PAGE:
Friends of the Irish Environment have supported the call by the authors of a new study for more careful use of fertilizers to address the problem of Irish marine ‘dead zones'. Dead zones are caused when massive algal blooms fed from run off fertilizer die and decay, depleting oxygen and creating zones that can not support life.
The study shows that hundreds of regions of critically low oxygen now affect a combined area the size of New Zealand, and that they pose as great a threat to life in the world's oceans as overfishing and habitat loss.
It has identified 20 of the world's 400 marine ‘dead zones' along the Irish coast.
Irish Dead Zones include many of the best known estuaries, such as those of the Barrow, Blackwater, Bandon, Slayney, Suir, and Feale Rivers. Bays include Donegal Bay and Harbours include Castlteownbere, Killybegs, and Dungarven.
‘What I'm against is quotas', George Bush has explained. ‘I'm against hard quotas, quotas that basically delineate based upon whatever. However they delineate, quotas, I think, vulcanize society.'
Read the latest round - a debate in the Irish Times with the chief executive of the Irish Fish Producers Organisation. New EU figures now show the percentage of exploited stocks in the EU waters has risen in the last year from 80% to 88%.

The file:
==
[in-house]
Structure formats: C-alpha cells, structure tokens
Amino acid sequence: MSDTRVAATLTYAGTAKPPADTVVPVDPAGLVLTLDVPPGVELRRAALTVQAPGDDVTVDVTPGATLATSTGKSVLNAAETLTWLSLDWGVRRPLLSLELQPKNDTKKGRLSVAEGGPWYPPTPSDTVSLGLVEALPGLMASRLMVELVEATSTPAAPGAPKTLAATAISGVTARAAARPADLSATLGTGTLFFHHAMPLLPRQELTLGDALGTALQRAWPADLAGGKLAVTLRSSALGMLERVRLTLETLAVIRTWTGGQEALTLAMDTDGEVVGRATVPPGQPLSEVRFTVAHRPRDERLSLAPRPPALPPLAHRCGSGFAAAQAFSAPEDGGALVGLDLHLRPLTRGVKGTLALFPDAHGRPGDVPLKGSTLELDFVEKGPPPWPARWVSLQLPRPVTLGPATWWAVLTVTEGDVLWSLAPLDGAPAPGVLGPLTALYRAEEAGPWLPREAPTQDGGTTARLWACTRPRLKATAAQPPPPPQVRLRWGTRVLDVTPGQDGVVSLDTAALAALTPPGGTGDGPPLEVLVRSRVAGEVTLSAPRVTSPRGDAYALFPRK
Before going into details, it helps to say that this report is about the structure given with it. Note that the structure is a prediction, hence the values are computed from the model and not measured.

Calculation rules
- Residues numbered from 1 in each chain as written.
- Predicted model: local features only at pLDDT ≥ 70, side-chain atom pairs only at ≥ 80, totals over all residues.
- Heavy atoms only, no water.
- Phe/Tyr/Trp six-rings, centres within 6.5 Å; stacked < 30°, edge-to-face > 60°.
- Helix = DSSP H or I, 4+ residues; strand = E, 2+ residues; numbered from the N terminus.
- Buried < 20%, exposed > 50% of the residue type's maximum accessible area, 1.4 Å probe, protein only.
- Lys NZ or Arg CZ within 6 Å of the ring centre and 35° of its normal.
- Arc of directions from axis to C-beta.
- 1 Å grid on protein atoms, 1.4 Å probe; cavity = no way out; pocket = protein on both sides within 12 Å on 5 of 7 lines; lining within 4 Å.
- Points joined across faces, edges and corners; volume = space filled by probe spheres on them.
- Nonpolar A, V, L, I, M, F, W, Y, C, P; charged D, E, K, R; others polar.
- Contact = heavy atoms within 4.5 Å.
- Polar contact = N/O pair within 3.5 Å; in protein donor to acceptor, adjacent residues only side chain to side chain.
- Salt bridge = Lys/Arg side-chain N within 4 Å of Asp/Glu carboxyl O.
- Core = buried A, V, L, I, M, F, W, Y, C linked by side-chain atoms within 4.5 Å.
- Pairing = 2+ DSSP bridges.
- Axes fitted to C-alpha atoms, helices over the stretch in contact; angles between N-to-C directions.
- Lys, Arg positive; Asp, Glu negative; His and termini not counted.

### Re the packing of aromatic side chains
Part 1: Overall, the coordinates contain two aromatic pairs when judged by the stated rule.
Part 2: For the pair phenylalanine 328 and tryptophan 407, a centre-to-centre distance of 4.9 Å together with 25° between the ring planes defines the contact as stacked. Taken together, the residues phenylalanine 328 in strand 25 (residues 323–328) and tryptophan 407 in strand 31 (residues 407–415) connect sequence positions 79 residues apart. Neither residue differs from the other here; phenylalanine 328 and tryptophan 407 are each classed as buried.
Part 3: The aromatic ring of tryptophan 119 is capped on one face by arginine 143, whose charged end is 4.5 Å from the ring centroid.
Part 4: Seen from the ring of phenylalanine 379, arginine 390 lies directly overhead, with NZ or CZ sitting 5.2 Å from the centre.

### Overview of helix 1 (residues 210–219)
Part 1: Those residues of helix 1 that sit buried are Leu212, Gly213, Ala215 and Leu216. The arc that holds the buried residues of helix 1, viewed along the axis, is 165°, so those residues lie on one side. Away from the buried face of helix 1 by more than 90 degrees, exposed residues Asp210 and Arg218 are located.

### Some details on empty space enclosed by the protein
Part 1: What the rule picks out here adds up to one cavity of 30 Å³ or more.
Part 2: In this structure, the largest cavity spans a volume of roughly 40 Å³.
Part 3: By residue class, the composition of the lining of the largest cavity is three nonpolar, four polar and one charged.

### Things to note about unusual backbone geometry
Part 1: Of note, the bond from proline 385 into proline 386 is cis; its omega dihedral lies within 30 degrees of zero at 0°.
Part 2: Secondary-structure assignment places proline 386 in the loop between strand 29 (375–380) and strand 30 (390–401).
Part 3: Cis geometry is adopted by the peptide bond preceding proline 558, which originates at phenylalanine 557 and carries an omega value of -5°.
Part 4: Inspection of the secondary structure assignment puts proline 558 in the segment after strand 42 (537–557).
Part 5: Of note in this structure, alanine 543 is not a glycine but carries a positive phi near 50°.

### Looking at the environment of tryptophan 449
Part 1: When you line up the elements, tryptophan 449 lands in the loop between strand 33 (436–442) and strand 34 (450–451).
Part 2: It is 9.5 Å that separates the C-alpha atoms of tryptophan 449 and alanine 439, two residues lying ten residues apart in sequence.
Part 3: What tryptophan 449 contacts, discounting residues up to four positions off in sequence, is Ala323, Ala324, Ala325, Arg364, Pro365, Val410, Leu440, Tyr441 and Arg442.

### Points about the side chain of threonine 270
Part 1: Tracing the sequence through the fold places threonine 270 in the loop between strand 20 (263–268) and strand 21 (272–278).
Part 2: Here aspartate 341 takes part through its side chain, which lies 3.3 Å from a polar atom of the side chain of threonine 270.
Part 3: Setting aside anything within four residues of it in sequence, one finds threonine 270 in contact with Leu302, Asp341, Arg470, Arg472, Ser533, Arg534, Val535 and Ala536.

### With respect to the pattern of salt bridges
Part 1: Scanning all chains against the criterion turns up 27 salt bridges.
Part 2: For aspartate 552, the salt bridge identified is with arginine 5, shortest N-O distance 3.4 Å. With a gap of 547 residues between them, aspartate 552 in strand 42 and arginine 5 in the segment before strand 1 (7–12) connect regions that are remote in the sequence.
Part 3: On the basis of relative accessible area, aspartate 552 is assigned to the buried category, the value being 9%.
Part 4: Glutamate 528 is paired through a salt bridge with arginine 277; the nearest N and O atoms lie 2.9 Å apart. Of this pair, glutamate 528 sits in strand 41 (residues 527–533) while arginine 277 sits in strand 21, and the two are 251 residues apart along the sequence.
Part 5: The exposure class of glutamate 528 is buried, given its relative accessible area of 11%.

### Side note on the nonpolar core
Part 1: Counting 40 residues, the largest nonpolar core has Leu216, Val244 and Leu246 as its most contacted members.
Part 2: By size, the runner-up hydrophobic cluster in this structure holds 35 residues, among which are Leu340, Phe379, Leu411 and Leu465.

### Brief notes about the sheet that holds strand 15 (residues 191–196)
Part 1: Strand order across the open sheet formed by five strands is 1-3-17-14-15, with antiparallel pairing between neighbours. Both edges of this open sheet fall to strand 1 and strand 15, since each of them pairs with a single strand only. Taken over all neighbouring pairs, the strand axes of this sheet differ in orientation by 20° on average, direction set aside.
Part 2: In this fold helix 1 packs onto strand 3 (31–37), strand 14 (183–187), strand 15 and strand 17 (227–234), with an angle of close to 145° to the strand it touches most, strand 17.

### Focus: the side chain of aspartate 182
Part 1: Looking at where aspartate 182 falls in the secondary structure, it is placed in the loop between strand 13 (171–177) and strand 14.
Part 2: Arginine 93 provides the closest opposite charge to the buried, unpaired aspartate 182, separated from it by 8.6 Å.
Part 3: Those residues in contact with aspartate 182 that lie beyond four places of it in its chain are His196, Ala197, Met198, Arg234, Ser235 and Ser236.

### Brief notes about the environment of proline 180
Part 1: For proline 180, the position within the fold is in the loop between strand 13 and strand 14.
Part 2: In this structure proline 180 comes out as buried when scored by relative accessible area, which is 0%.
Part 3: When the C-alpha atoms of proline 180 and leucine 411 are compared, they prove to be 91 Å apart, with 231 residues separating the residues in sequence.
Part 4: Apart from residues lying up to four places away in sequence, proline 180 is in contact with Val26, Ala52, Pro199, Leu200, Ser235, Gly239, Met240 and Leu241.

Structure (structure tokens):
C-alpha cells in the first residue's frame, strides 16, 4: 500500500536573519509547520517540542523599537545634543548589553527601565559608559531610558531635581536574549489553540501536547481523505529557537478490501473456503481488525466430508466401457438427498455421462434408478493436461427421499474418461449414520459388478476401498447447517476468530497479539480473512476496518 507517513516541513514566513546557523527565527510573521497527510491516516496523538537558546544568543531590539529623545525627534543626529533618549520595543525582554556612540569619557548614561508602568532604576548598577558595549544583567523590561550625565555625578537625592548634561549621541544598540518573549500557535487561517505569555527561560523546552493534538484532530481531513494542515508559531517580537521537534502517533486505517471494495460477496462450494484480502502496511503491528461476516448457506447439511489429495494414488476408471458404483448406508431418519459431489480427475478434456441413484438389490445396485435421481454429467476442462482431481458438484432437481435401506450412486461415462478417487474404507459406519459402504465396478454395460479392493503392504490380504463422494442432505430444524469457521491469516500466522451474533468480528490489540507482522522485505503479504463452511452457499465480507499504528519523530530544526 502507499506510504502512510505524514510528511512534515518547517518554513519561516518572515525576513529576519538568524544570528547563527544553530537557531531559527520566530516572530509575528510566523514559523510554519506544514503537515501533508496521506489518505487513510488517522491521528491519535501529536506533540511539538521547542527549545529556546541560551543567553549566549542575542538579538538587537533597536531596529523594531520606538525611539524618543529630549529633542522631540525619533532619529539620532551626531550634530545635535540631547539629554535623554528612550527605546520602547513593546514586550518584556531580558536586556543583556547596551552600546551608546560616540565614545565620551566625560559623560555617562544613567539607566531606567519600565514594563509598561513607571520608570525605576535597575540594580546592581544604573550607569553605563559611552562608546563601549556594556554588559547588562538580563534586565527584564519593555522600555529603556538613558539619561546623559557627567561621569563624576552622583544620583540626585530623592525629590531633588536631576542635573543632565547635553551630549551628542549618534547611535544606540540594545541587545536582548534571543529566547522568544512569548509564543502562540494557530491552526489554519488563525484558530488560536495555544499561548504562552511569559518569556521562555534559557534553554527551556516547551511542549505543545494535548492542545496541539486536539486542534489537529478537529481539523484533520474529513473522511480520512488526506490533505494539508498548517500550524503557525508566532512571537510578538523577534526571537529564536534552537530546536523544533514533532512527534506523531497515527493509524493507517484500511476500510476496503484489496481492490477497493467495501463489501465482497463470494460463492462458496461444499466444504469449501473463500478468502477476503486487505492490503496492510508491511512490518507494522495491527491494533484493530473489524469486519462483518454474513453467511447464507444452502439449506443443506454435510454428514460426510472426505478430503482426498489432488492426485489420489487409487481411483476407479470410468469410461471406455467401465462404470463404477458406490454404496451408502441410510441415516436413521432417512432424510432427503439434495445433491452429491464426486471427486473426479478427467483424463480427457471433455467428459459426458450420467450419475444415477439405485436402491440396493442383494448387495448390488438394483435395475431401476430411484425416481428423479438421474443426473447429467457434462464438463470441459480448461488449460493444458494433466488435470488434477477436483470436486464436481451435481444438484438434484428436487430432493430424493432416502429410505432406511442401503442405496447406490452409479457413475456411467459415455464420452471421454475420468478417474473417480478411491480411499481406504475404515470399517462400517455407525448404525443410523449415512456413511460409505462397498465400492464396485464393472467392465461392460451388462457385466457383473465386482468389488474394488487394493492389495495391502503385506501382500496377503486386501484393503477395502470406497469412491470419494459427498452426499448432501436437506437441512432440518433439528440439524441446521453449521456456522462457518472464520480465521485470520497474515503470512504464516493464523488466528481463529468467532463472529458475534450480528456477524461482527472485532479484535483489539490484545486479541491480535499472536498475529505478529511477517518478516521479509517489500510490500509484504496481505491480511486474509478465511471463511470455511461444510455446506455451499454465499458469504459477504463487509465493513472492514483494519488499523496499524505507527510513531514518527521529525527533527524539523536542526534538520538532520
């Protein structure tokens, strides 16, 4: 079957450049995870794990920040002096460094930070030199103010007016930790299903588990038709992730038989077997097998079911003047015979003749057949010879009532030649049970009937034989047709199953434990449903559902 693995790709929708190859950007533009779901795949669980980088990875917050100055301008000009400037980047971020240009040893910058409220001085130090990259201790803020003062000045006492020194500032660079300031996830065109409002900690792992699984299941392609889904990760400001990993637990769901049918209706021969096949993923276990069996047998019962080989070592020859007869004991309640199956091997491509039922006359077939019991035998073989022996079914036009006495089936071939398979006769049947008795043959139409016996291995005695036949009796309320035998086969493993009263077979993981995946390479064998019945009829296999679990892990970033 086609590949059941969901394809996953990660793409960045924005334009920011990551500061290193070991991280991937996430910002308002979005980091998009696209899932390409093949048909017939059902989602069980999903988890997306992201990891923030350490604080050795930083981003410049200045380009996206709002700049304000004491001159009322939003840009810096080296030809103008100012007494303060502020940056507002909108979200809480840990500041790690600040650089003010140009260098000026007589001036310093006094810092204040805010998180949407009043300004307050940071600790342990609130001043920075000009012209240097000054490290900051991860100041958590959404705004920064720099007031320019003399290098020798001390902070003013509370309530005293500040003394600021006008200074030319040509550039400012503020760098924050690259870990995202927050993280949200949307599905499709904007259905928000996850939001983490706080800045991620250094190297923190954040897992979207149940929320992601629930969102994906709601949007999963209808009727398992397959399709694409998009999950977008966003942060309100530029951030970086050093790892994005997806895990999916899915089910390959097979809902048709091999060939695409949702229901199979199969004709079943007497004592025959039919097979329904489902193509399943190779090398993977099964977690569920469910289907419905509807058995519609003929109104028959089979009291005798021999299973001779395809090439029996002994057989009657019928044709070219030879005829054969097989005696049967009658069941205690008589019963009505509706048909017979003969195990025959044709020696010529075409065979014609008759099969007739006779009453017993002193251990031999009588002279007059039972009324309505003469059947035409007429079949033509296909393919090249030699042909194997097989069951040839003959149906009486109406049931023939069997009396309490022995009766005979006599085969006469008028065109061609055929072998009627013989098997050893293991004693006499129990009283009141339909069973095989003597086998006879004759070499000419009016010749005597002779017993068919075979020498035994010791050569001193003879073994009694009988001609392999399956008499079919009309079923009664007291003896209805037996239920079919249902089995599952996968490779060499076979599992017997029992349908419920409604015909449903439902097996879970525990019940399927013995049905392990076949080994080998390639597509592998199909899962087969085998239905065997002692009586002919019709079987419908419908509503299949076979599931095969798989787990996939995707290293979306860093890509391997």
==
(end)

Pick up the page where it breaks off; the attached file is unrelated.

And visit our marine section and to read about the inshore destruction...
The environmental lobby group Friends of the Irish Environment has responded strongly to the Federation of Irish Fisherman's call for the reduction of penalties for illegal fishing.
The Chairman of the Federation of Irish Fishermen Michael Walsh has claimed that ‘fishermen are being pursued like criminals and risk prosecution for trying to make a living' because of the ‘minefield of legislation'.
FIE claims that under the previous legislation Irish fishermen were apprehended breaking EU laws 138 times in 2005 but were fined just €417 on average.
‘While Irish fishermen constantly claim that Spanish fisherman are treated more leniently, in 2006 more than 3,000 prosecutions were initiated in Spain while there were only 26 prosecutions in Ireland.'
• Irish vessels landed more than 40,000 tons of mackerel through secret pipes under the quays at two Scottish ports between 2001 - and 2005, resulting in cuts in Ireland's quota.
• Two large Irish trawlers were apprehended unloading a huge catch of mackerel into a fleet of 20 lorries waiting at a west of Ireland quayside in 2005. Each lorry was driven by a number of people in sequence to break the chain of evidence and make prosecution impossible. The ‘blue box' used to track by satellite the movement of the fishing vessels had been tampered with and showed the location of the vessels as 25 miles off the Irish coast. This is organized crime.
Ireland's own Marine Institute pointed out in last year's ‘Stock Book',
• mackerel and blue whiting are currently overexploited
• stocks of cod, whiting and spurdog, and in the Irish sea sole, are severely depleted
• in the Celtic sea cod, plaice & herring are depleted
• the move towards deep water fishing for slow growing species is totally unsustainable